Why Do Dogs Eat Poop?

Why do dogs eat feces? How can you stop them?

Jolanta Benal, CPDT-KA, CBCC-KA
6-minute read
Episode #51

When you can control the environment, do it. If your dog’s cleaning up after herself or your other dogs, tidy the yard diligently. If she’s diving for her own feces as soon as she produces it, keep her on leash till she’s done her business. Then lure her away with something super tasty before she has a chance to start. Or gently pull her if a lure doesn’t work. Try a play invitation to distract her. If she’s a junkie for fetch, toss a ball the nanosecond she begins to rise from her squat, then clean up during the chase.

Keep Litterboxes Out of Reach and Clean Them Often

If possible, keep litterboxes where the dog can’t reach them. I say “if possible” because your cat’s behavioral needs may conflict. Many cats resist using a covered box or one that’s in a small, confined space, especially if a feline housemate likes to pounce on them when they come out. Train yourself to hear those little cat feet going scritch scritch scritch, and scoop the poop as soon as kitty’s done. Even the slickest litter snacker can’t eat what isn’t there. Besides, a scrupulously clean box is nicer for your cat.

Some people muzzle their dogs to prevent coprophagy, but the commonest upshot is a filthy muzzle, which – well, yuck. If the poop-snack habit isn’t well established, it may die away on its own, provided your dog has no further opportunities to practice it. Many puppies also seem to abandon stool-eating as they mature. If your puppy isn’t one of those, prevent, prevent, prevent, and do teach that rock-solid “Leave it.”

What About Taste Deterrents?

You’ll notice I’m not touting hot sauce or commercial taste deterrents. Honestly, I don’t see the point. The commercial taste deterrents you feed your dog have no effect on any feces but hers. Plenty of dogs feel perfectly fine about a dash of hot sauce on poop. And no matter which kind of deterrent you use, and how much your dog hates it, sooner or later he will find an untreated stash. Result: poop snacking is on what’s technically called a variable intermittent reinforcement schedule, which is what trainers use when they want to create an extremely persistent, durable behavior. Just what you were looking for in stool eating.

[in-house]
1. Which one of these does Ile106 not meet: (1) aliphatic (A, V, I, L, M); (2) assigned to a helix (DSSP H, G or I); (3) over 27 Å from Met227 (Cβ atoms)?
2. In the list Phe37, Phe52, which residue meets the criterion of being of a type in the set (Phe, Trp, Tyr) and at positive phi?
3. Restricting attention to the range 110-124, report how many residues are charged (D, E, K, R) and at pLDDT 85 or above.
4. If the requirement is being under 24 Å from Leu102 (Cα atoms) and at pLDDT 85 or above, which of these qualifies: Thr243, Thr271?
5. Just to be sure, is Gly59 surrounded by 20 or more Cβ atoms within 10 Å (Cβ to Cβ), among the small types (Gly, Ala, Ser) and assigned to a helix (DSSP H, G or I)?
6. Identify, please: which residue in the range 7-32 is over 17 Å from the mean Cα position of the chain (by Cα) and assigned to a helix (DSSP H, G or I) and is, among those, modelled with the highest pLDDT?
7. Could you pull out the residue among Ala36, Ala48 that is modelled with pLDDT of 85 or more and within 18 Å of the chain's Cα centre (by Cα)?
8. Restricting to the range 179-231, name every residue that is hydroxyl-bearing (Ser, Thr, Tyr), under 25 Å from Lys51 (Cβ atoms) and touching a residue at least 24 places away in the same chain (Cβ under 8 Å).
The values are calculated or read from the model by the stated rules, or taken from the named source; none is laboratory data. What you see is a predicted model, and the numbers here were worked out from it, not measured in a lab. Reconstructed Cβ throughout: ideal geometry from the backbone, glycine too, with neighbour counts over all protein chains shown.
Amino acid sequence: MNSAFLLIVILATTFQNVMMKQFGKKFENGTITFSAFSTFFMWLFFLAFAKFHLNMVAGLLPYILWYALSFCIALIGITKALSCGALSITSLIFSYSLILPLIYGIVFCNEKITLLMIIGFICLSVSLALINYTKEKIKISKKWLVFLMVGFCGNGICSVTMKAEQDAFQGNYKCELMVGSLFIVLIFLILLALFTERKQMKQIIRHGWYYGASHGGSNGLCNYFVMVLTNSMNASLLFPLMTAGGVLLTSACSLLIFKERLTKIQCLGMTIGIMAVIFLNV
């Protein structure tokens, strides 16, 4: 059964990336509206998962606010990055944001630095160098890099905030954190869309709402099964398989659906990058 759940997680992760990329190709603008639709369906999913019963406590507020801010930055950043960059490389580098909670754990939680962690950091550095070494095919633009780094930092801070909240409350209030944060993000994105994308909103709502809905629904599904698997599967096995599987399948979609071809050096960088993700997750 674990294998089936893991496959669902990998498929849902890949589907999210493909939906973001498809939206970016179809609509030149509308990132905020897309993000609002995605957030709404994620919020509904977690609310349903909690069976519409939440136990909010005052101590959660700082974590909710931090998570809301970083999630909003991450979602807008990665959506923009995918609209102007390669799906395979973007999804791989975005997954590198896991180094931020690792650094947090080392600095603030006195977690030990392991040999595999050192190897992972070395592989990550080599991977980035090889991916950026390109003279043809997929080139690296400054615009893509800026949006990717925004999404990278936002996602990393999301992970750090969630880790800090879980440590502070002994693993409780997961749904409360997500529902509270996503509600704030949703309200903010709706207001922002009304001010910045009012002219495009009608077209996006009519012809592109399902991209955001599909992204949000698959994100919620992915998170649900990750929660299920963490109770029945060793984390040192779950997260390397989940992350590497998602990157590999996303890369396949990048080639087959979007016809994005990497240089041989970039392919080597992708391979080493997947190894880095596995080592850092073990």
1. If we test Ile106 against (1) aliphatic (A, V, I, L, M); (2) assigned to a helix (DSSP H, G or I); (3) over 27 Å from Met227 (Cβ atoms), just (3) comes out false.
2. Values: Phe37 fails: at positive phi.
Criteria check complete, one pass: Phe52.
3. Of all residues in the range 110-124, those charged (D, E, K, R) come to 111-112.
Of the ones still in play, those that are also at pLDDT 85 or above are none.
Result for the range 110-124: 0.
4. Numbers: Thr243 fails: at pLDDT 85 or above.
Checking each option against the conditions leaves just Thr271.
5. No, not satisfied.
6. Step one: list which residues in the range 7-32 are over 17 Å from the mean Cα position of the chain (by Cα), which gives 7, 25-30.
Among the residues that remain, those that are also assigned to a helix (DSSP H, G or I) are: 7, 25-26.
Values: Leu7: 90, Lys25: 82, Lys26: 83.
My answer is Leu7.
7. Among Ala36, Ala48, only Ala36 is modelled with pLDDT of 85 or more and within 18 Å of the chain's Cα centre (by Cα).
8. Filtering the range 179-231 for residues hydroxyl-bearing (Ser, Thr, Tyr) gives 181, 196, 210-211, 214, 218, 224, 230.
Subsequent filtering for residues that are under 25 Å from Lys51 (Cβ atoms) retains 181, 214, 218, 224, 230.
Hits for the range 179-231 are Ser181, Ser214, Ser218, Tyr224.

Last word on poop eating? Almost no behavior makes it clearer that dogs are different from us. Feces disgusts us. Not so for dogs. Eating feces is dangerous to humans, mostly not to dogs. Prevent access as much as you can, teach your dog a strong “Leave it” cue, and bear in mind that dogs are dogs and sometimes we have to shrug and say “Oh well.”

Your feedback and questions help me prepare future episodes. Email dogtrainer@quickanddirtytips.com, or visit me on Facebook. My phone number is 206-600-5661. And that’s all for this week!


1 Alexandra Horowitz, in her terrific book Inside of a Dog (Scribner: 2009), suggests that dogs didn’t evolve from present-day wolves, but rather that dogs and present-day wolves had a common ancestor.

2 Read, D. H., and D. D. Harrington. 1981. Experimentally induced thiamine deficiency in beagle dogs: clinical observations. American Journal of Veterinary Research 42(6):984-991; Street, Harold R., George R. Cowgill, and H. M. Zimmerman. 1941. Further observations of riboflavin deficiency in the dog. Journal of Nutrition 22:7-24.

3 McKeown, Donal, Andrew Luescher, and Mary Machum. 1988. Coprophagia: food for thought. Canadian Veterinary Journal 29:849-850. Can you believe somebody thought that was a clever title?

4 Hofmeister, Erik, Melinda Cumming, and Cheryl Dhein. “Coprophagia in the Canine.” A description of a preliminary study. Undated. Also see van der Borg, Joanne A.M., and Lisette Graat (2006). Pilot study to identify risk factors for coprophagic behavior in dogs. In Proceedings of the Vlaamse Diergeneeskundige Werkgroep Ethologie International Congress on Companion Animal Behaviour and Welfare. A follow-up study is in the works (Joanne van der Borg, personal communication, Feb. 10, 2010).

5 Mccartney, Diane. “Dung Almost Deadly for Dog,” The Wichita Eagle, Sept. 20, 2008. Pugs have a reputation as gourmands. This one weighed 8 pounds and ate stool from a Labrador Retriever and a Basset Hound.

Sick Dog image from Shutterstock


About the Author

Jolanta Benal, CPDT-KA, CBCC-KA

Jolanta holds professional certifications in both training and behavior counseling and belongs to the Association of Professional Dog Trainers and the International Association of Animal Behavior Consultants. She also volunteered with Pet Help Partners, a program of the Humane Society of the United States that works to prevent pet relinquishment. Her approach is generally behaviorist (Pavlovian, Skinnerian and post-Skinnerian learning theory) with a big helping of ethology (animal behavior as observed in non-experimental settings).